Case number: 020436
Case 020436. Request for access to records created during the course of an investigation - whether disclosure of information received during the course of an investigation could reasonably be expected to prejudice or impair the detection or investigation of offences - section 23(1)(a)(i) - whether name and position of an employee with a private company is personal information - section 28(1)
Mr X made a complaint to the Health and Safety Authority (HSA) in which he alleged he was being bullied and harassed in his place of employment. The HSA investigated the complaint but took no action against the employer. Mr X subsequently made an FOI request for the HSA's notes created during the investigation. While the HSA granted access to most of the records it refused access to part of a file note which recorded a telephone discussion with an employee of the company and separately, the name of another employee with the company.
The Commissioner was satisfied that the contents of the telephone discussion were given in confidence to the HSA during the course of the investigation. He was also satisfied that it was the type of information that the HSA needed to obtain during its investigations and that its disclosure could reasonably be expected to prejudice or impair the investigation of future offences or the effectiveness of the HSA's methods for doing so.
The Commissioner directed that access be granted to the name of the other employee of the company as the position held by that employee was director of the company, which is a matter that is required to be on the public record. The Commissioner added that he may have found differently had the name of the employee not been required to be published.
Our Reference: 020436
Dear Mr X
I refer to your application for a review of the decision of the Health and Safety Authority ("the HSA") to refuse you access to certain parts of records relating to your complaint to the HSA.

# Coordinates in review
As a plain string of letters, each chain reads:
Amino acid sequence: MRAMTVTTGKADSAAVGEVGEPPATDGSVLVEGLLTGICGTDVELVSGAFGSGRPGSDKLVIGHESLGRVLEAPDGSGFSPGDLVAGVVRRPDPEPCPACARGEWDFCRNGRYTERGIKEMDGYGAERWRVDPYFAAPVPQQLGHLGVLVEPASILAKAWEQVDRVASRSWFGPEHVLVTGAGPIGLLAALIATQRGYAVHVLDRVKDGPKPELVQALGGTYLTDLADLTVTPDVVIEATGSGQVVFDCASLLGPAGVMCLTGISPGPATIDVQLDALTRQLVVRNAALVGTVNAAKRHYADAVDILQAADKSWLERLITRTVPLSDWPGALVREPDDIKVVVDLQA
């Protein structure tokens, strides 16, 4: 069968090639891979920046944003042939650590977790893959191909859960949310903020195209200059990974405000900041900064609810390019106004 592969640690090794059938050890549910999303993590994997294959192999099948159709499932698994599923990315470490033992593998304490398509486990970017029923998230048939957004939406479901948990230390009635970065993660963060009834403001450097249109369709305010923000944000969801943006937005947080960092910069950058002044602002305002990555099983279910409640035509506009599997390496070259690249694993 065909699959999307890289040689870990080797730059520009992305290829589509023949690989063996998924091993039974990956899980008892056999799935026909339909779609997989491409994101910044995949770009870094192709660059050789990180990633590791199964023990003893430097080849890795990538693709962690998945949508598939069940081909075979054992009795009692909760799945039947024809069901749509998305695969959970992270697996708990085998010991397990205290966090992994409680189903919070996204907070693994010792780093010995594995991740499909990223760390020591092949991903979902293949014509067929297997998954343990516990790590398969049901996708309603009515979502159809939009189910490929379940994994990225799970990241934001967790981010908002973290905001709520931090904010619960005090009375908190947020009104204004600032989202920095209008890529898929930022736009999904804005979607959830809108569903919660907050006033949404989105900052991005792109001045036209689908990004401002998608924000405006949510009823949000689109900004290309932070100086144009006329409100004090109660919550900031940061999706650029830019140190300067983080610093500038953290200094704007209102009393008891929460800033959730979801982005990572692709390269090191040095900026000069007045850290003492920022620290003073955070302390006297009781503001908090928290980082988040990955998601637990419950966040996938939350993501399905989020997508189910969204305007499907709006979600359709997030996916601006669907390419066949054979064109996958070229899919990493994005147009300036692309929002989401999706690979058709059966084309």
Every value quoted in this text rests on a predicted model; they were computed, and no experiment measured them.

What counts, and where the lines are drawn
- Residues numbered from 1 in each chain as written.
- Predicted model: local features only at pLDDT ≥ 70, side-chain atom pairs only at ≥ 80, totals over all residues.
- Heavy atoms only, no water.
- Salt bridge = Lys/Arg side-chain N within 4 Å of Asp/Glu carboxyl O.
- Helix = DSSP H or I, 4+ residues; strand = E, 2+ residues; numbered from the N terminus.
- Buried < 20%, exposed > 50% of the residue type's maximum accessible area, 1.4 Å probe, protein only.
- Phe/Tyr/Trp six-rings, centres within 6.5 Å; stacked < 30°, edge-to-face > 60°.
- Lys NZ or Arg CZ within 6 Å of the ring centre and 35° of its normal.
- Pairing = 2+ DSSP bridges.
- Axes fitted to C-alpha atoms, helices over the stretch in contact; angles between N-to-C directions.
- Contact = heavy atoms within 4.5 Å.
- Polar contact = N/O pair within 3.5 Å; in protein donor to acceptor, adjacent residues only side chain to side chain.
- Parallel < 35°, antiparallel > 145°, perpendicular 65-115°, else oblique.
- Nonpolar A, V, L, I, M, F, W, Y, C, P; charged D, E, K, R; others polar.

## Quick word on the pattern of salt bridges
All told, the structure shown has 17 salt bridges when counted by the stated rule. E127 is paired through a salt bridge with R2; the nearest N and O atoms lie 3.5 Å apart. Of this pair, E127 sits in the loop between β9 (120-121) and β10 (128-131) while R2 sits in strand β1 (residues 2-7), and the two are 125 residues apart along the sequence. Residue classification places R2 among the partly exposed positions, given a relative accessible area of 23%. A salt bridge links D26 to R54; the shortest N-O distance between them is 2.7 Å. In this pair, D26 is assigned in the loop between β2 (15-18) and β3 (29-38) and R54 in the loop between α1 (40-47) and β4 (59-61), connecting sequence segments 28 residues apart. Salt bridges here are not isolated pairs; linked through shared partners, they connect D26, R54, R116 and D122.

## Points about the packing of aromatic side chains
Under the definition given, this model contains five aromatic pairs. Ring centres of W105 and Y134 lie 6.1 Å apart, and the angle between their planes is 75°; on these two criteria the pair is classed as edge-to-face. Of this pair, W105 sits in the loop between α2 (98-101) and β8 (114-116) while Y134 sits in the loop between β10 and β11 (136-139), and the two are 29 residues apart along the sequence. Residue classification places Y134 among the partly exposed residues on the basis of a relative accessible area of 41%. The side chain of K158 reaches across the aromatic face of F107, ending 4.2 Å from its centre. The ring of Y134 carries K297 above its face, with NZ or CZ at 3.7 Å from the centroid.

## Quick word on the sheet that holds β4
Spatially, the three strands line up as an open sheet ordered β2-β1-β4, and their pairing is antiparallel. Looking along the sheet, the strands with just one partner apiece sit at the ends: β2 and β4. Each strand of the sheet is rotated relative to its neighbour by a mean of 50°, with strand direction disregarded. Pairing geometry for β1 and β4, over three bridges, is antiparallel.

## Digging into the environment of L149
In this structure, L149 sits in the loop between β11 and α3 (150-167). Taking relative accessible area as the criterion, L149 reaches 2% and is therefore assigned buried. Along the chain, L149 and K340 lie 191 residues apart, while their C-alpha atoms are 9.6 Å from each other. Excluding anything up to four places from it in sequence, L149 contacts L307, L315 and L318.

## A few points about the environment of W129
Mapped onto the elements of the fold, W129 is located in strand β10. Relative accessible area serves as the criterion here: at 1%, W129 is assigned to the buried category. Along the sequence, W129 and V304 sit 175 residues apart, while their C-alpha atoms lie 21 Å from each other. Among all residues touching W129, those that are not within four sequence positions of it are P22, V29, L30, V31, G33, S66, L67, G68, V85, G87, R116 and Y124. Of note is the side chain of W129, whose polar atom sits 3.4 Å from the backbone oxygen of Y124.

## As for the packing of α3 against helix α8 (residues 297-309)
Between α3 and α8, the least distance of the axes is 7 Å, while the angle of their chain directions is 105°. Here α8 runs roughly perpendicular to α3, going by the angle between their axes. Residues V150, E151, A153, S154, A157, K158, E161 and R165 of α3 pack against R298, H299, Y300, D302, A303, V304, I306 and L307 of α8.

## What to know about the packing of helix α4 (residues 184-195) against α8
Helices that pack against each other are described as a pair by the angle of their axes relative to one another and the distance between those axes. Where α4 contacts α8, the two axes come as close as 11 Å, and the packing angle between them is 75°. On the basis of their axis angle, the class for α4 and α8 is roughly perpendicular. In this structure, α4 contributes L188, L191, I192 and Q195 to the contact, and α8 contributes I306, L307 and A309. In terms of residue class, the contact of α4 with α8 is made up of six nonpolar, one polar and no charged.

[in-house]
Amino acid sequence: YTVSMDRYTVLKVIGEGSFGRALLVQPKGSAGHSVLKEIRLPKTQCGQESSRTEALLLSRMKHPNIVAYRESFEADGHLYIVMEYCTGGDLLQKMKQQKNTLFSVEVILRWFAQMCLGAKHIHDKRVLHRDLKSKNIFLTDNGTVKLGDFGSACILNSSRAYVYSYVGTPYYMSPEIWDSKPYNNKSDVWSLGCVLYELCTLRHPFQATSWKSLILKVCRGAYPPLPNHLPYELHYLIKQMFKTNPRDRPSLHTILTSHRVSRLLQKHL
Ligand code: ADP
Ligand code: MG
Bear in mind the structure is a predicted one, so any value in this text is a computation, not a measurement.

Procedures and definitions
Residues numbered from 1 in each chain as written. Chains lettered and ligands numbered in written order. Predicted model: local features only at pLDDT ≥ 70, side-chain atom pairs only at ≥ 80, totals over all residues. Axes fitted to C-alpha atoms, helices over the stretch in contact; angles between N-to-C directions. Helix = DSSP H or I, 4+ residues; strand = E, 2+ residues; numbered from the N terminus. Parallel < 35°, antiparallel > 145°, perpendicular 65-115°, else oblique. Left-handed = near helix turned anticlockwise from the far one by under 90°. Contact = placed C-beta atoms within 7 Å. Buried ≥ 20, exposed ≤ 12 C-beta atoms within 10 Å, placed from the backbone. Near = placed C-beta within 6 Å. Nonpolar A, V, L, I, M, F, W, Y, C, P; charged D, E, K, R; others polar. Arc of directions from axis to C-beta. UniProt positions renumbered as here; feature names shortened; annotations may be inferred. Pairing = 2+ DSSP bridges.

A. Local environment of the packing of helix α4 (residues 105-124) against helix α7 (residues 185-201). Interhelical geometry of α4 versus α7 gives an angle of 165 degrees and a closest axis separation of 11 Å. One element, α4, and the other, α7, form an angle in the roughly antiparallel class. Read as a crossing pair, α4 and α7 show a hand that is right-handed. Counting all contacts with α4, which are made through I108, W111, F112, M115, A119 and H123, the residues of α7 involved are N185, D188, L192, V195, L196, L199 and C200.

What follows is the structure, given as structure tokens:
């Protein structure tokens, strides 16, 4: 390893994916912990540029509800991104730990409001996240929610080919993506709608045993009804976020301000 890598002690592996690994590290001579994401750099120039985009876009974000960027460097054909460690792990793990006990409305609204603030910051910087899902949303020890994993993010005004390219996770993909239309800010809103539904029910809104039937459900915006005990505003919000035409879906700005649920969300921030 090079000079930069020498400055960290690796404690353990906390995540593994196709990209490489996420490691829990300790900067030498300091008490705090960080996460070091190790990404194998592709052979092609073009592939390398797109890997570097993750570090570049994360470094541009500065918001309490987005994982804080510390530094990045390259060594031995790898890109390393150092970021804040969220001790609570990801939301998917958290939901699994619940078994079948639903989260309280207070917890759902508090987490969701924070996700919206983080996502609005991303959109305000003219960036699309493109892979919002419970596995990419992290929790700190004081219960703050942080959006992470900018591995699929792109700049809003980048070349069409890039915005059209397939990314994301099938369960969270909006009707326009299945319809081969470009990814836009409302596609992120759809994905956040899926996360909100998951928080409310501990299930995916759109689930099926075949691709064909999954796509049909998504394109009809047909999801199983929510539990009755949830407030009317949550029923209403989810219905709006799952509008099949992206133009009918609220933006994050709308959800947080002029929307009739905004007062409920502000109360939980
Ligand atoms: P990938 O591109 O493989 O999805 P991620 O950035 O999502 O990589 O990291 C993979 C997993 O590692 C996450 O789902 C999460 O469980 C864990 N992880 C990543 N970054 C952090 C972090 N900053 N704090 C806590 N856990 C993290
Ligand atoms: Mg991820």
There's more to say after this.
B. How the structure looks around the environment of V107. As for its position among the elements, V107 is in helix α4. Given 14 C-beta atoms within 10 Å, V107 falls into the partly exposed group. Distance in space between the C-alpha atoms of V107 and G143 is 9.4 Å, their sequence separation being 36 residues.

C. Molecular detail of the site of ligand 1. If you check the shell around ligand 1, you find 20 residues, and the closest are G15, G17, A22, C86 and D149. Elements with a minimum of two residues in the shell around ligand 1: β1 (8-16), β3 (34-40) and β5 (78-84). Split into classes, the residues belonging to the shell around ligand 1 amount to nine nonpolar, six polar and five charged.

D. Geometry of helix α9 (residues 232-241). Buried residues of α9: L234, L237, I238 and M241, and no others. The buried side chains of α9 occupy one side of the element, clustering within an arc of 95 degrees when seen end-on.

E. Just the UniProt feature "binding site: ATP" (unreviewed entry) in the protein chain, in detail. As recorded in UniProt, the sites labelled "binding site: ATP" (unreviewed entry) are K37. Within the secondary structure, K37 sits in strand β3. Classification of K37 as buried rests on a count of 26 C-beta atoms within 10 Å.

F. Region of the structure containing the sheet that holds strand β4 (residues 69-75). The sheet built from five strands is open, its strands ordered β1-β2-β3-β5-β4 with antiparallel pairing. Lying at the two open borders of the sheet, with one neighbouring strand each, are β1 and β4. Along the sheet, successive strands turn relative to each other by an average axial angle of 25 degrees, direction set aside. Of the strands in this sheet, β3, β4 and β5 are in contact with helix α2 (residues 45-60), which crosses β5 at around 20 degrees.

I have now completed my review of the HSA's decision. In carrying out that review I have had regard to your letters of 17 August, 16 September and 17 October 2002. I have also had regard to the decision of the HSA and I have examined the records to which you were refused access.
The HSA refused access to parts of five records. Following correspondence with Mr Nutley of this Office I note that you have agreed that my review should focus only on access to the sentence at the end of record numbered 2, (file note of 28 February 2001) and the name and position of an employee with ABC Construction Limited at the end of record numbered 7.
My review therefore is concerned solely with the question of whether the decision of the HSA to refuse access to part of records numbered 2 and 7, as outlined above, is justified.
The HSA refused access to a sentence from record numbered 2 under sections 21(1)(a), 23(1)(a)(i) and 26(1)(a) of the Freedom of Information (FOI) Act.
Section 23(1)(a)(i) of the FOI Act provides that access to a record may be refused if access could reasonably be expected to prejudice or impair "the prevention, detection or investigation of offences ....or the effectiveness of lawful methods, systems, plans or procedures employed for the matters aforesaid".
In arriving at a decision to claim exemption under section 23 a decision maker must firstly identify the potential harm to the matters covered by the exemption that could arise from disclosure and having identified that harm, consider the reasonableness of any expectation that the harm will occur.
The HSA has overall responsibility for the administration and enforcement of health and safety at work in Ireland. The HSA monitors compliance with legislation at the workplace and can take enforcement action, including prosecutions. In this case the HSA contends that information collected in the course of its investigations, such as the information in question here, forms a major part of the evidence used to progress investigations and prosecutions. It points out that most of the information it receives is provided voluntarily and its procedures rely heavily on parties involved in the investigation, including complainants and witnesses, believing that information given to the HSA is given in confidence. In this regard the HSA states that the information is only revealed to the extent necessary to ensure fair procedures in its investigations and for the HSA to make findings or recommendations, or to take criminal proceedings. The HSA argues that disclosure of information supplied in confidence to the HSA could result in other parties in investigations being less co-operative and therefore its investigations could be prejudiced.